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Old 02-07-2013, 01:45 PM   #51
Dan Richards
Dojo: Latham Eclectic
Location: NY
Join Date: Oct 2007
Posts: 452
Re: Perhaps the tide is changing.

Yannis, I completely agree with you about not stripping away the essence. But then I would add that it gets tricky when we start looking at things like dress and protocol, because even those changed over time during its development by M. Ueshiba from the initial aiki-jūjutsu days through to modern aikido.

The hakama is a perfect example. In the early days of Ueshiba's aiki-jūjutsu everyone on the tatami had to be in a hakama - even if it had bright stripes and was borrowed from your grandpa. After WWII material was in such shortage that people were making hakamas out of anything they could find - sofas, curtains, foton covers, etc. And then it was decided that only yudansha needed to wear a hakama.

Even the dan/kyu system. It wasn't in effect during the aiki-jūjutsu era. And in fact, the dan/kyu system came from the game, "Go."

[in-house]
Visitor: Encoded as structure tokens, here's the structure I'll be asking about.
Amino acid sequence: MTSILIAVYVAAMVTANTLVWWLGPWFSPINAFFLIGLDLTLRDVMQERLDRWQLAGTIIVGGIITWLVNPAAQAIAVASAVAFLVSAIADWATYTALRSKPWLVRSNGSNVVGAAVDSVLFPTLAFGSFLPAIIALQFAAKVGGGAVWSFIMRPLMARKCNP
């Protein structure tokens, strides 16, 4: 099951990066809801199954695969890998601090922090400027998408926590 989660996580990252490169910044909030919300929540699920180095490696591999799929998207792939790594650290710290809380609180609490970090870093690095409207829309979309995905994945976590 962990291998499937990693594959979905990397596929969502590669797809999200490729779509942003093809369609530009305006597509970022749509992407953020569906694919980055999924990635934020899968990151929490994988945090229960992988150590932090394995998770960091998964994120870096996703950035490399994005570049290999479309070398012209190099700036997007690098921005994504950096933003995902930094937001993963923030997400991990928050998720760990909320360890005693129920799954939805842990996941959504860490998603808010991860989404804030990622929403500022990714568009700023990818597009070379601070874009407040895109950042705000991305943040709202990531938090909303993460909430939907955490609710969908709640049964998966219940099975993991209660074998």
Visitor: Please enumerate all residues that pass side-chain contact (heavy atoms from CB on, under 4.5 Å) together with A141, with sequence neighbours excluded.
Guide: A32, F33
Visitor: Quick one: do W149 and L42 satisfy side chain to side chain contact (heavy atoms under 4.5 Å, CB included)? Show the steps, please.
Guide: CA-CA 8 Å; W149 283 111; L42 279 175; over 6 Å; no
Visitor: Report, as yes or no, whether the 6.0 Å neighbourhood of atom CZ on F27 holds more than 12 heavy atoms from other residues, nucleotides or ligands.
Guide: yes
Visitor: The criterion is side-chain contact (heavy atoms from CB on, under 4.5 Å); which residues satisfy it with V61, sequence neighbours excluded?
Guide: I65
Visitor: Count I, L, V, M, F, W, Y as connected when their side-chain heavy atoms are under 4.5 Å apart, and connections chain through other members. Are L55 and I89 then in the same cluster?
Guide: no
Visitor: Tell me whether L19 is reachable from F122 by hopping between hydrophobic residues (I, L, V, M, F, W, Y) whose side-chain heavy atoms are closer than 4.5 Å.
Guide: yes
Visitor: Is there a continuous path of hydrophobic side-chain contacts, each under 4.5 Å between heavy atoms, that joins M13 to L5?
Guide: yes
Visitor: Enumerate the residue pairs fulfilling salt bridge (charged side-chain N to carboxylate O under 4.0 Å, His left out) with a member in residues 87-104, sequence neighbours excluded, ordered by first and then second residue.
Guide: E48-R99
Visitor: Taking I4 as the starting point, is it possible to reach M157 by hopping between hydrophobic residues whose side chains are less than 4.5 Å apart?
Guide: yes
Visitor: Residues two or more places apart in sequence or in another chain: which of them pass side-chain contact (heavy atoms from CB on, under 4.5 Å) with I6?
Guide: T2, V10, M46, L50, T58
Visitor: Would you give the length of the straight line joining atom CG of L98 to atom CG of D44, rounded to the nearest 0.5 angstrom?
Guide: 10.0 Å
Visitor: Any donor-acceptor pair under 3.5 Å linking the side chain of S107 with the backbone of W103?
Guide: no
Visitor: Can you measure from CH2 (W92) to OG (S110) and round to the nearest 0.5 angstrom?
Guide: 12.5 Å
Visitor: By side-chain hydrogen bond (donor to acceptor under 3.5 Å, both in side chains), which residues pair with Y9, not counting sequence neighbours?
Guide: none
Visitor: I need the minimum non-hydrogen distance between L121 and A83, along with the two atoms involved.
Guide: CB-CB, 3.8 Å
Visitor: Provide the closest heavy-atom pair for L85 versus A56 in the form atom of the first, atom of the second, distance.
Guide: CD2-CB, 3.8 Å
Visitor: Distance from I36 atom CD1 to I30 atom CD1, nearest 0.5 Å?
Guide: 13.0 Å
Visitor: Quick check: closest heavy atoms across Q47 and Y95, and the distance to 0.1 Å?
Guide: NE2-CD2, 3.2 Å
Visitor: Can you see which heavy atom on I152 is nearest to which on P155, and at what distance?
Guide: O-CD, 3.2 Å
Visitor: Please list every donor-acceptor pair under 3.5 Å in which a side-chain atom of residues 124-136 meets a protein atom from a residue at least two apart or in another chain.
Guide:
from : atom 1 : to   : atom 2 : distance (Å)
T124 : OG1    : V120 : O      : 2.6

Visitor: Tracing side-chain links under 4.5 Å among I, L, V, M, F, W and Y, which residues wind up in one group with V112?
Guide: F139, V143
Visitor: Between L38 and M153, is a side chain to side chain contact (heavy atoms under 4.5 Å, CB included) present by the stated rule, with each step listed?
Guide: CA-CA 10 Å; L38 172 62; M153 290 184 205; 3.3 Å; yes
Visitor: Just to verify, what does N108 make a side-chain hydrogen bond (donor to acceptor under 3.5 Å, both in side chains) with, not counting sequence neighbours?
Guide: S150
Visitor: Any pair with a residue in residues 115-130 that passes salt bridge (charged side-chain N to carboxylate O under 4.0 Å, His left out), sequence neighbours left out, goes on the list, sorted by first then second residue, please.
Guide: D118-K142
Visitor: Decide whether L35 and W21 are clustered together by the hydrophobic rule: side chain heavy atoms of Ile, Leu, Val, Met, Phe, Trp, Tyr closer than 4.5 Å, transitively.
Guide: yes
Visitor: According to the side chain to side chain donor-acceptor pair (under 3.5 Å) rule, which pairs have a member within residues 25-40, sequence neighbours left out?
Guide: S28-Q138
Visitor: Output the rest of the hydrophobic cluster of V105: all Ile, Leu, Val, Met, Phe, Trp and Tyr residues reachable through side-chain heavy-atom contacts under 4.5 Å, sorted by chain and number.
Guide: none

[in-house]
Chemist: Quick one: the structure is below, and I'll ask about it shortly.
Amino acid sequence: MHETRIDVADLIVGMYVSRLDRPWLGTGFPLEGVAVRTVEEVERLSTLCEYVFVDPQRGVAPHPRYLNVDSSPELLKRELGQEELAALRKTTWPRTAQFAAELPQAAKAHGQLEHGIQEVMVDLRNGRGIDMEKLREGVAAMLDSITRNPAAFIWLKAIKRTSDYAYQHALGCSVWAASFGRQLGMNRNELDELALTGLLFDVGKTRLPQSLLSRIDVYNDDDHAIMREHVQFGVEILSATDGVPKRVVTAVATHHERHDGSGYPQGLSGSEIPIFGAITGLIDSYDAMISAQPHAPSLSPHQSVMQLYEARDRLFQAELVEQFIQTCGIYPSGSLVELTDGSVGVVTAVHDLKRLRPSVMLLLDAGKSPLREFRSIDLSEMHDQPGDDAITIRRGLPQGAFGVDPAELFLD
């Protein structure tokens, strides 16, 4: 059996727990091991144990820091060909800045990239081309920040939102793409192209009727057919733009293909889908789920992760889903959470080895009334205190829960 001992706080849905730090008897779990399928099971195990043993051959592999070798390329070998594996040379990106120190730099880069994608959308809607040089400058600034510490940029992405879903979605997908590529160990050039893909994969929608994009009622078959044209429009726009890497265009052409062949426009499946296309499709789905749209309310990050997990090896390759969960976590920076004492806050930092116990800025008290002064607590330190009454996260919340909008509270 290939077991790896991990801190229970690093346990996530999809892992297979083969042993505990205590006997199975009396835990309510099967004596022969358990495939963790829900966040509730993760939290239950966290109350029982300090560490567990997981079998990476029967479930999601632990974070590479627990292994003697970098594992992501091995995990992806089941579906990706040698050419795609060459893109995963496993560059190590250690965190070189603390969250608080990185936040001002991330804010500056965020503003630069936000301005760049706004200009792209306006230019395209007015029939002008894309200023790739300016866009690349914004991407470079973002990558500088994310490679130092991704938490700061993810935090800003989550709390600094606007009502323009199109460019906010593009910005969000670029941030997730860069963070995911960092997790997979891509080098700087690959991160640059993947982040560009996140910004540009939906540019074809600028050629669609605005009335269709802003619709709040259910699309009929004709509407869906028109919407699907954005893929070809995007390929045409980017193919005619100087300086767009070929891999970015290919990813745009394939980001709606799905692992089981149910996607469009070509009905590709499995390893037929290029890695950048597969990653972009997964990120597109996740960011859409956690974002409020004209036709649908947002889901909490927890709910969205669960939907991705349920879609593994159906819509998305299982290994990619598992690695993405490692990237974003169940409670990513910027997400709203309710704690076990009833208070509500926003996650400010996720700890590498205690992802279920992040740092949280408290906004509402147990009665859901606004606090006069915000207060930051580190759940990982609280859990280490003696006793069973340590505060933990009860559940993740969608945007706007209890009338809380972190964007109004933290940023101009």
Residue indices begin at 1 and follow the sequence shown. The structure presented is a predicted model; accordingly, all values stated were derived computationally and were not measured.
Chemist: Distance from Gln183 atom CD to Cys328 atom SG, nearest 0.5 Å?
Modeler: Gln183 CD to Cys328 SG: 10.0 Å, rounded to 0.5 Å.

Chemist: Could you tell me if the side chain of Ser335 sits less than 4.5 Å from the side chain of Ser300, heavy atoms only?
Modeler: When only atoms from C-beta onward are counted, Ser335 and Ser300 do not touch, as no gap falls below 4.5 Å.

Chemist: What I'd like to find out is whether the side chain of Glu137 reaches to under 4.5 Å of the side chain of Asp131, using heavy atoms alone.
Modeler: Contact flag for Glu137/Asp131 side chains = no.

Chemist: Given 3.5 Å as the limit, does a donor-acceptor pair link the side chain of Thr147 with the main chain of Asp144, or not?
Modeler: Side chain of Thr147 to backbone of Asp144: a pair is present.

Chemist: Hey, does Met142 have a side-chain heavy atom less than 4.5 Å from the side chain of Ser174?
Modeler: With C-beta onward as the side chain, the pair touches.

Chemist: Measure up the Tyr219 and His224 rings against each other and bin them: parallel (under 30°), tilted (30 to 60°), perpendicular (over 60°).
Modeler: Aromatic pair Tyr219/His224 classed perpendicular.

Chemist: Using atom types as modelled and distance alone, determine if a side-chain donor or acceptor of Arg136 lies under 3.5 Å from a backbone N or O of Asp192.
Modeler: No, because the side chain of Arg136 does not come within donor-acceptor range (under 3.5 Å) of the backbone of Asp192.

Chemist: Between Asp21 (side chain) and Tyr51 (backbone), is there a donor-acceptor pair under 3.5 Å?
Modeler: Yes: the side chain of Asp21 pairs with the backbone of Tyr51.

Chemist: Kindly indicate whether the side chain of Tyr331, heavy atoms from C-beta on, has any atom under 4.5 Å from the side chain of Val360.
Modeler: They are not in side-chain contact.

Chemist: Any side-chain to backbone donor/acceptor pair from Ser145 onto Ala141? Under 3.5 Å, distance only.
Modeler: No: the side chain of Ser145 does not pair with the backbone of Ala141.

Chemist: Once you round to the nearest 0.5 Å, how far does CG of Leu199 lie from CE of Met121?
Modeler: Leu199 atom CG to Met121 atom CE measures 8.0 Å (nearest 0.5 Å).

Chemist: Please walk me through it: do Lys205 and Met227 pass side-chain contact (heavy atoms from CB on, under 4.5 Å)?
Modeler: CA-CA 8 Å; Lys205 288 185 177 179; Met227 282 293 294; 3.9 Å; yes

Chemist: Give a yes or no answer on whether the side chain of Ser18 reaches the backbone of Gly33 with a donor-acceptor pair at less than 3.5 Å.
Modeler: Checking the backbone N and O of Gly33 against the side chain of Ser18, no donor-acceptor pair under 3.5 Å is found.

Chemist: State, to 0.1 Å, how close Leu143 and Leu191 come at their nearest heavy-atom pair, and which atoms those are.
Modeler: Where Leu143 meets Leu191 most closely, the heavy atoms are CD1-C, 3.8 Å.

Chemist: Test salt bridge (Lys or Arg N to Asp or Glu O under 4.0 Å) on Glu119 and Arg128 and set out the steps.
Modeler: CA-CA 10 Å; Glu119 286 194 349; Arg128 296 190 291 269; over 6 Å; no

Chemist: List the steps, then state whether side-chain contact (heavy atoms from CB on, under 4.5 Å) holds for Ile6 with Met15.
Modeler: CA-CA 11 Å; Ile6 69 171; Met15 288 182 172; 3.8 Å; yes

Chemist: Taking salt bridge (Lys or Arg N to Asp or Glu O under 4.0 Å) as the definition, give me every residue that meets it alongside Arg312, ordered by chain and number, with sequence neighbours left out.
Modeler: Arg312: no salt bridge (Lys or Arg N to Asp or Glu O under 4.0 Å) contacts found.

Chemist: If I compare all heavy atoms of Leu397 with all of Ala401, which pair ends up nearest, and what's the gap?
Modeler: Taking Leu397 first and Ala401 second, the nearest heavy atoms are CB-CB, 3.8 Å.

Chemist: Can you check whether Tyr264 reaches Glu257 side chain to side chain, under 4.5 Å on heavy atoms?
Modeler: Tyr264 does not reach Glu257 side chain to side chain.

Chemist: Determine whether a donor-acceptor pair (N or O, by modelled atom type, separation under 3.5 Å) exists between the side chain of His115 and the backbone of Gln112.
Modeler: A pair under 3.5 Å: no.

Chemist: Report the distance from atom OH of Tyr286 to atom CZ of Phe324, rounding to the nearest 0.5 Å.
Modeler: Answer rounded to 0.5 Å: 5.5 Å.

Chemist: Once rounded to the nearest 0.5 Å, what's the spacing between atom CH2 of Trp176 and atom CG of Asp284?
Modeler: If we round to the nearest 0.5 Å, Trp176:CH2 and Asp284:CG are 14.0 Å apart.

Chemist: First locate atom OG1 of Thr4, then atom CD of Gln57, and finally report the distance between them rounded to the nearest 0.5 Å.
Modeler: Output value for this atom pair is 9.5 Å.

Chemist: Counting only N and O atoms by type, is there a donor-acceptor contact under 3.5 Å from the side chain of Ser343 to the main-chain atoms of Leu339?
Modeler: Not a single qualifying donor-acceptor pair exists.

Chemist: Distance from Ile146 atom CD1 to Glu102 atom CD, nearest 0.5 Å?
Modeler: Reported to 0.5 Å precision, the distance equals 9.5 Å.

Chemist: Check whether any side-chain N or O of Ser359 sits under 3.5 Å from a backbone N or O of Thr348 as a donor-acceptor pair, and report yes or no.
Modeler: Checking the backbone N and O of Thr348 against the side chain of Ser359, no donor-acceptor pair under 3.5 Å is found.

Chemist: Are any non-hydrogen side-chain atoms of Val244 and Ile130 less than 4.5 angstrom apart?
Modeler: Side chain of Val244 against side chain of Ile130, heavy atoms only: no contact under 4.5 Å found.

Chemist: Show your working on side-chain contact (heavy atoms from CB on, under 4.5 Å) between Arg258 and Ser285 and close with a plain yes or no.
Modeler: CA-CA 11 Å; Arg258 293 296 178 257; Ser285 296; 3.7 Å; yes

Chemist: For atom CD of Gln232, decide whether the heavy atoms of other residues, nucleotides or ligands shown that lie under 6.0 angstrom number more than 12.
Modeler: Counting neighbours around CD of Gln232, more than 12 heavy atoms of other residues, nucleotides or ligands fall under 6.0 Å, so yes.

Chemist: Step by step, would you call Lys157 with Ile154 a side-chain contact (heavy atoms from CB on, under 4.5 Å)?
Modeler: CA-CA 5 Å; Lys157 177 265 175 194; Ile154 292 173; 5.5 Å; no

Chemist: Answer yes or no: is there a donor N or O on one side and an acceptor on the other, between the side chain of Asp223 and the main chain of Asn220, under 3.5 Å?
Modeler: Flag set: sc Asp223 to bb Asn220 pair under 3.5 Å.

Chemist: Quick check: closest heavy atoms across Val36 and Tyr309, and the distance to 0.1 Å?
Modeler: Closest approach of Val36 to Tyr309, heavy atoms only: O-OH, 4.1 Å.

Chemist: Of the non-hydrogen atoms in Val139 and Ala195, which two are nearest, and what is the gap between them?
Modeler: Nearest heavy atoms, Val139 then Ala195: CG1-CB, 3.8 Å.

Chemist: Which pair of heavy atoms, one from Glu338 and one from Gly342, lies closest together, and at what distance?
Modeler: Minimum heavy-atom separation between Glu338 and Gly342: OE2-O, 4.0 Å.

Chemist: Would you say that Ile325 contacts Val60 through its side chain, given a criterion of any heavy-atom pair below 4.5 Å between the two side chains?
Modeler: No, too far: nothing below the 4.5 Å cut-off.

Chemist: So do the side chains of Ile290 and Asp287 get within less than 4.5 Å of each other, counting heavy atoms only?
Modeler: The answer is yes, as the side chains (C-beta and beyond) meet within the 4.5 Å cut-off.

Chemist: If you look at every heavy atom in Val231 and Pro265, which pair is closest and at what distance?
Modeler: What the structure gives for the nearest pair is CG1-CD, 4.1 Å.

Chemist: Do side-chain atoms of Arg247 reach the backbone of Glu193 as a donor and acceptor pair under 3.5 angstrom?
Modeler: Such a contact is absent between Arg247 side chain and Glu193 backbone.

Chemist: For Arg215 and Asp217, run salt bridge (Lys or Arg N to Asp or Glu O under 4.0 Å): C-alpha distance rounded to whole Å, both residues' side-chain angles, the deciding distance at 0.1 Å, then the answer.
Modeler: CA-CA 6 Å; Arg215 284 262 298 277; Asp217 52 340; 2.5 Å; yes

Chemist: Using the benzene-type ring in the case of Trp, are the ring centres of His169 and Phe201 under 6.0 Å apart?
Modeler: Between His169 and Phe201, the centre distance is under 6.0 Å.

My point is, even such things as hakamas and kyu/dan grades are the result of "trends and tides" that have little or nothing to do with the "essence" of any of these arts.

Speaking of "essence," I trained a few years ago with Mike Sigman. I ended up being his uke for most of the two day seminar. We were all in sweats and tennis shoes. What I got through Mike - in two days - pound for pound - contained more "essence" in it than I got from years of training in dojos and with top-level aikido shihan. I've continued to develop what I "experience" through Mike, and have passed it on to many people. I also continue to explore what I learned from Shoji Nishio - which was, more than anything, to explore and examine.

There's a big difference between being sold fish by others, and being taught to fish for ourselves. And it's a funny thing; the highest-level teachers to really teach us about catching fish are, ultimately - the fish.

Last edited by Dan Richards : 02-07-2013 at 01:52 PM.
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